The ancient village of Pen-hulton was little more than a cluster of cottages prior to the industrial revolution before being filled with large cotton-mills, dyeing, collieries, printing, and bleaching establishments, and becoming one of the most populated areas of the country.
The setting for Delaney’s Taste of Honey, extensively redeveloped post war,the area today is characterised by tower blocks and the Salford City shopping centre.the area is once again the subject of a huge regeneration scheme.
First mentioned in 1199 when King John gave the district to Lorweth de Hulton
A Chapel was founded in Pendleton or Pennelton as it was known then,in 1230 by Richard de Hulton, the Chaplin had to be approved by the Vicar of Eccles.
At the dissolution of the monasteries Pendleton was granted to the Bishop of Lichfield before coming into the possession of the Fitzgerald family who remained its largest landowner into the twentieth century.
Pendleton became attractive to the new entrepreneurs of Manchester, Hope Hall the original seat of the Hultons and the Radclyffes was owned by Sir Elkaner Armitage, old Claremont, since demolished was the home of the Heywood Banking family, Buile Hill,by Thomas Potter, first mayor of Manchester.
Industry began to encroach by the late 1700’s but the township remained for a time a place of weaving and small farm holdings.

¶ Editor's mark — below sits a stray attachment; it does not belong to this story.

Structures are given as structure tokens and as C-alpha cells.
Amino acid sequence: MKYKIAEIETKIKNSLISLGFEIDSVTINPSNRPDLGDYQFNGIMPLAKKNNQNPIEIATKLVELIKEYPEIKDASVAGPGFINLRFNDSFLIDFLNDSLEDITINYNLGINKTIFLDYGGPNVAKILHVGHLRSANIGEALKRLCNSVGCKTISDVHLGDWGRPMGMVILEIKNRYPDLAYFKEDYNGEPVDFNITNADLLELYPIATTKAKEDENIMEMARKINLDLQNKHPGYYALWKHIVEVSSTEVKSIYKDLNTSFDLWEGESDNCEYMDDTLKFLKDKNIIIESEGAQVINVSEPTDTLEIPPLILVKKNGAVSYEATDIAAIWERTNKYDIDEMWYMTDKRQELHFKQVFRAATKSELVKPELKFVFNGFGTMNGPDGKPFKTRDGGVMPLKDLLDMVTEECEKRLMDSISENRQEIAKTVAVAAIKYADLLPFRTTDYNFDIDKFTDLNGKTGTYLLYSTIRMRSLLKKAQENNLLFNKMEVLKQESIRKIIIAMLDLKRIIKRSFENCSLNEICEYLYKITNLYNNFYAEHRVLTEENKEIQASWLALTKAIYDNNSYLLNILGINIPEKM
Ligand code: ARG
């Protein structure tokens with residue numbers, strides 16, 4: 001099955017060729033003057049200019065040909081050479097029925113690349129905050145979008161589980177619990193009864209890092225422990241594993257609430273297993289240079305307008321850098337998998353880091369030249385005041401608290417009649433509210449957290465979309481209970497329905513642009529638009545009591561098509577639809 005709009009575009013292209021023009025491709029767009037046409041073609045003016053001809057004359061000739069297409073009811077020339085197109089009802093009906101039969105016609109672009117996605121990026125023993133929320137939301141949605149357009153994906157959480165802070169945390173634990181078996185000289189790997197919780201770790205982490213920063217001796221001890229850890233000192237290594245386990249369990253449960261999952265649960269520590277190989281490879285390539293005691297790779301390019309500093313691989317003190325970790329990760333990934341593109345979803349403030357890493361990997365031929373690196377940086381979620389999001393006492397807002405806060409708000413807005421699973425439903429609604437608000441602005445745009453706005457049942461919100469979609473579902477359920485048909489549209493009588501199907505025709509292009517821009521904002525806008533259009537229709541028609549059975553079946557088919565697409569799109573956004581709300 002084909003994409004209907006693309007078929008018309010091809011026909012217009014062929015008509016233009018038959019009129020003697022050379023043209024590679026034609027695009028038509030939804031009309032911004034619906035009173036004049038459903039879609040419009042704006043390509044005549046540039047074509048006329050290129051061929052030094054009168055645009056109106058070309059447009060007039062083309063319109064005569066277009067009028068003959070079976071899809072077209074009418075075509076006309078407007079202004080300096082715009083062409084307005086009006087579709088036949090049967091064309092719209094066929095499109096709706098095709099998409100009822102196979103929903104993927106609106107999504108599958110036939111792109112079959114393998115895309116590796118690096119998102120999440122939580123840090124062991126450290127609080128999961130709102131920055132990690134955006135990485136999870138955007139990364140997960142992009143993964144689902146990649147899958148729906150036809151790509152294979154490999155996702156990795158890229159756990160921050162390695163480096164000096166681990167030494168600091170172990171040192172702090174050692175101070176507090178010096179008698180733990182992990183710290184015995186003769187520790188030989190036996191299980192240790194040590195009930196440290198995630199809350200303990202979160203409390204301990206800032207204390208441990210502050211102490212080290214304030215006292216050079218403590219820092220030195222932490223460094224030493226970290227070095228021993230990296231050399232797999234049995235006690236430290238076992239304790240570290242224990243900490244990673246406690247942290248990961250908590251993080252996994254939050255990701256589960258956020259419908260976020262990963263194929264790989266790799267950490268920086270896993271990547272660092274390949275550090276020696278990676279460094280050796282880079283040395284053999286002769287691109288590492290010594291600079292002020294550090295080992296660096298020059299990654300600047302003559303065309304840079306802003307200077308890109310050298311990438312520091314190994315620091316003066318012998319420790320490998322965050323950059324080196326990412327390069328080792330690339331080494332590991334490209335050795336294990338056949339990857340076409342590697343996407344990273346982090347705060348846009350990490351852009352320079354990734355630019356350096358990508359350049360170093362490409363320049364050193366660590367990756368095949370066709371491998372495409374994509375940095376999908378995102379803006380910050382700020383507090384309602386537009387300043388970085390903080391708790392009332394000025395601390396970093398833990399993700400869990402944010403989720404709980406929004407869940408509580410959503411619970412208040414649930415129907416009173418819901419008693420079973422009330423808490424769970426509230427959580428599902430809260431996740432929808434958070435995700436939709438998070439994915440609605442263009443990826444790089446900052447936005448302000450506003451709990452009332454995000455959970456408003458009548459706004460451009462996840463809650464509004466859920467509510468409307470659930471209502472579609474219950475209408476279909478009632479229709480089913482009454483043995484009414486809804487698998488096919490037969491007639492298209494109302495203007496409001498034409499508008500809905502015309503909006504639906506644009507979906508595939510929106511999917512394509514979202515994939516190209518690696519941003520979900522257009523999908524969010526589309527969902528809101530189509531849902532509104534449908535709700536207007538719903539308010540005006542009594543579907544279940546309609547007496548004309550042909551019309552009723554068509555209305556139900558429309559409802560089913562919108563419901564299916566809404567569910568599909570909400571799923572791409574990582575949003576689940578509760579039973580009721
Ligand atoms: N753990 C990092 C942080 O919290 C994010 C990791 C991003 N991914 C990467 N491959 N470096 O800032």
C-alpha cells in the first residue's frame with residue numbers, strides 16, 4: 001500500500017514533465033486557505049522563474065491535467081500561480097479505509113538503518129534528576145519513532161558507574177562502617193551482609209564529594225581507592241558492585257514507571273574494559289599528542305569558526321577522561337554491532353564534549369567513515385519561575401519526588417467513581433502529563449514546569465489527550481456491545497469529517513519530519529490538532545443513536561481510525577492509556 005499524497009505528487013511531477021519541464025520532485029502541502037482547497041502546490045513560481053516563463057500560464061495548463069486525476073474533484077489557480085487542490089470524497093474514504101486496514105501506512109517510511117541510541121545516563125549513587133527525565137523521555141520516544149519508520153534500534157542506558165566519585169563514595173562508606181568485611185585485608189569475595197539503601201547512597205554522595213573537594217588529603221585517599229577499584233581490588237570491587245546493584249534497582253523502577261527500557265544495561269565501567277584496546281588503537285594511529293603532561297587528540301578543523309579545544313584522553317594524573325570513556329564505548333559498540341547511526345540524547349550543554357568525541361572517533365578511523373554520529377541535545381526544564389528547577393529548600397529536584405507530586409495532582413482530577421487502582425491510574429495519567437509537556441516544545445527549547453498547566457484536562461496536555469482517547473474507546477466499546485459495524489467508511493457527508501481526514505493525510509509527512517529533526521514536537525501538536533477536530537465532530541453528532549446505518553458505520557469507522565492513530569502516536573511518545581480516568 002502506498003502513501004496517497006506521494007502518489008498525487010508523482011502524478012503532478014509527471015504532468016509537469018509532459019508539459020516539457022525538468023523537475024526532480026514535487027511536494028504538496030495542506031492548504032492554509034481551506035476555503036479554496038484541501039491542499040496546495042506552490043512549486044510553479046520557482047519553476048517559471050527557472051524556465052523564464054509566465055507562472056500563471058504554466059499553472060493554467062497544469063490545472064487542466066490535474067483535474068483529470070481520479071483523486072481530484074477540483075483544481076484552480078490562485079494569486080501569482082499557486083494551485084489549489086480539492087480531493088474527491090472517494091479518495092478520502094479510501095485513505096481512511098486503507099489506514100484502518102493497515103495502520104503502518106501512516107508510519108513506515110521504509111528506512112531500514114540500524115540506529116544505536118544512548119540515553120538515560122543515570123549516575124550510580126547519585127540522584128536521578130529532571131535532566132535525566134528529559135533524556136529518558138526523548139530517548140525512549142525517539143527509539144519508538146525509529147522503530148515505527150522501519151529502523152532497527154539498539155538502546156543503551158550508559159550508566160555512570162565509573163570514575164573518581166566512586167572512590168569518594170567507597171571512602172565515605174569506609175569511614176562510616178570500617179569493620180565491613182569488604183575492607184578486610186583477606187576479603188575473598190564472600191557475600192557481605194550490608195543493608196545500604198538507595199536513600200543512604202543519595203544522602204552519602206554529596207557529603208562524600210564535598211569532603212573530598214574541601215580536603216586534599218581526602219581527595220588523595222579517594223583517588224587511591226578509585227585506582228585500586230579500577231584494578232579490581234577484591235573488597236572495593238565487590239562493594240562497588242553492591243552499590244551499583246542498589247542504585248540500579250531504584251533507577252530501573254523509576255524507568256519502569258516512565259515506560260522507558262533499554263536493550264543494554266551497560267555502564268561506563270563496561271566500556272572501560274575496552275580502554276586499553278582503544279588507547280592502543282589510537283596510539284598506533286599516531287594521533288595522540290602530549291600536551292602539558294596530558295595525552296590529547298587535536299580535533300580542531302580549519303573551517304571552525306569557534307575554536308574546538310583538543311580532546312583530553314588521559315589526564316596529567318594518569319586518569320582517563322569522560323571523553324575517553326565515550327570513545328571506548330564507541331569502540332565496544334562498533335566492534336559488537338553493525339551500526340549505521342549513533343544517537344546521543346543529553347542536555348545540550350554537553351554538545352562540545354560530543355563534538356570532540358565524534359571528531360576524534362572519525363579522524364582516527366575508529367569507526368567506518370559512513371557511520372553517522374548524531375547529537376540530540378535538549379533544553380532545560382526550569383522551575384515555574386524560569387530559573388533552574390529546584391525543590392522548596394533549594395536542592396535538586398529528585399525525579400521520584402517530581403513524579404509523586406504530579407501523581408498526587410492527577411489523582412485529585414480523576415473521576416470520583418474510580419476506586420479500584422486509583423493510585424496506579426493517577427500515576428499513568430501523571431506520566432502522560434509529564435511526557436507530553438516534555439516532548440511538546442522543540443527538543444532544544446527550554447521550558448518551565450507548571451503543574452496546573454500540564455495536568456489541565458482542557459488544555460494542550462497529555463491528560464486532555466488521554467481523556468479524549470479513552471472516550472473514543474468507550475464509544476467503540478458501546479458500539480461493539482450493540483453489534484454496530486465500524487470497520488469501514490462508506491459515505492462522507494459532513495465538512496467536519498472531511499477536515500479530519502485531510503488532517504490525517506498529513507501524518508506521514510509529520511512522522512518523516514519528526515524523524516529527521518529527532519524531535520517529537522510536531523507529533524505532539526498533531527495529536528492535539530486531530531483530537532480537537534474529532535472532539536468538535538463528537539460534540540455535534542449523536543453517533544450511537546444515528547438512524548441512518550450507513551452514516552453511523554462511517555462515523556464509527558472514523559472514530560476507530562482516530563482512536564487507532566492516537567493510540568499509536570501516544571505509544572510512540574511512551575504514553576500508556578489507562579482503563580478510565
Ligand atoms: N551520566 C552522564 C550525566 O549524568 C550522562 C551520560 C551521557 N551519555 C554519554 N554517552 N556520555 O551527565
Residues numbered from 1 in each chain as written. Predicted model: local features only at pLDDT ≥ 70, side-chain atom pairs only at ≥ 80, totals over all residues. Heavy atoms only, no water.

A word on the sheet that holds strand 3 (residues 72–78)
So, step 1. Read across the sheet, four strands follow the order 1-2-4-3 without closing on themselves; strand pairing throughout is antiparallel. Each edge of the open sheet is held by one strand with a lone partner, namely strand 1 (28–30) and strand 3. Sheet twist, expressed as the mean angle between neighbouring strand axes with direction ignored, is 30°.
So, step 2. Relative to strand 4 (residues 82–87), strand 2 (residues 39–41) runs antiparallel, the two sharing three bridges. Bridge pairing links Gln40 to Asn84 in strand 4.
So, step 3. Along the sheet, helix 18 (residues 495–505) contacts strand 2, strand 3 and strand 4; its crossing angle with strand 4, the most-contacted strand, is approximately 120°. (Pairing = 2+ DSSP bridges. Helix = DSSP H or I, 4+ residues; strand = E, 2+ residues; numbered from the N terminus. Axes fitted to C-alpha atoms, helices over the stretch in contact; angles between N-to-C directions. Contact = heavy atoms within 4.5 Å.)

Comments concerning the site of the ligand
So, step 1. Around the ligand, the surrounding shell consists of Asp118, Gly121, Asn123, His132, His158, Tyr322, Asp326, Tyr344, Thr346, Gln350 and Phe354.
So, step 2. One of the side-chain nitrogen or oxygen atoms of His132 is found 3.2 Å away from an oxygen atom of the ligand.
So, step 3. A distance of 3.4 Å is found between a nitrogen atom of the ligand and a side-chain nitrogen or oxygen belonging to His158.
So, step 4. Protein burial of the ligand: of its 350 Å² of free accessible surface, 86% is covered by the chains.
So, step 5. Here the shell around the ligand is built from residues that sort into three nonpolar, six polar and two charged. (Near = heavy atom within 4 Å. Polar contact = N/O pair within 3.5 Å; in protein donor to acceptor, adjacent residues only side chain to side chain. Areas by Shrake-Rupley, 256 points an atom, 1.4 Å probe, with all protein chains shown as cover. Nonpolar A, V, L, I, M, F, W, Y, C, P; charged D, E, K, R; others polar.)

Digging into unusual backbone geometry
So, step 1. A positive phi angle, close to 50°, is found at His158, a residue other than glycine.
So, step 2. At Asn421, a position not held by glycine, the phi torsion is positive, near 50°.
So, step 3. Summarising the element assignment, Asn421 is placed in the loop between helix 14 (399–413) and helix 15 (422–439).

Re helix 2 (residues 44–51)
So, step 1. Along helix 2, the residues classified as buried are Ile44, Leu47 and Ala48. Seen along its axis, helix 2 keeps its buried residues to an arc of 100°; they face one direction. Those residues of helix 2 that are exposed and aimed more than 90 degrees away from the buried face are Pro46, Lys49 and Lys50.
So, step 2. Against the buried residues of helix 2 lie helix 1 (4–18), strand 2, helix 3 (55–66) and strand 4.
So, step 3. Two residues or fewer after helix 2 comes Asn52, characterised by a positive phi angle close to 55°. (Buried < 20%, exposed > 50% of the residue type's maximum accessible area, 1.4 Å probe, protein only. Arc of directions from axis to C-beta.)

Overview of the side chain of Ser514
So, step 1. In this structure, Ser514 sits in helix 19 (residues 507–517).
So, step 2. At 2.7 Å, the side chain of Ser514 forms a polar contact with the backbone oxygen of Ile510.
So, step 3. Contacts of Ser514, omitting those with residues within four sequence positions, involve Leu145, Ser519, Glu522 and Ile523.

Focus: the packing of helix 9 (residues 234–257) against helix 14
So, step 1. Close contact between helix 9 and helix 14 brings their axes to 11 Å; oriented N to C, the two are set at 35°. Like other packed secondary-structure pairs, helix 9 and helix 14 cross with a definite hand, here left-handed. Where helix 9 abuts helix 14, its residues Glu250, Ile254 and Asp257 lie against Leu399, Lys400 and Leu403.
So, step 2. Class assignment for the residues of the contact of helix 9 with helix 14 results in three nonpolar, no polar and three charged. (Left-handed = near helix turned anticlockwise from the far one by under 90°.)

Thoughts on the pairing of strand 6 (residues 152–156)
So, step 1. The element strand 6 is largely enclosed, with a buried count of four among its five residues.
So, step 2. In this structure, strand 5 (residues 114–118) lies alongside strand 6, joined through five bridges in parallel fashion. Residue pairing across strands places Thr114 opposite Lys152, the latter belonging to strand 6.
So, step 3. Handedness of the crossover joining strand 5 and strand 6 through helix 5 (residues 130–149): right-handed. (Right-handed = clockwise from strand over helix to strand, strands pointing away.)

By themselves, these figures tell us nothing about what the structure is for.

The Manchester, Bury and Bolton Canal opened in 1795, in 1824 John Woodcock, a toll keeper at the Woolpack Hotel began an omnibus service from Pendleton to Manchester while the railway from Salford to Bolton opened in 1838.
Coal mining had begun at the end of the 1700’s, the mine known as Pendleton pit, one of the deepest in Britain continued until 1939. William Douglas set up his water powered hoist mill in 1780 and James Varley and Co opened their bleach and chemical work opposite the coal mine in the early nineteenth century.
By the end of the 1800’s Pendleton was one of the biggest industrial towns in the country.
With much of the area built on, the Langworthy Road was opened in 1873, all its streets laid out in a grid pattern.
After the Second World War, the population of Pendleton began to shrink with slum demolition, and the closing of much of the manufacturing and textile industries.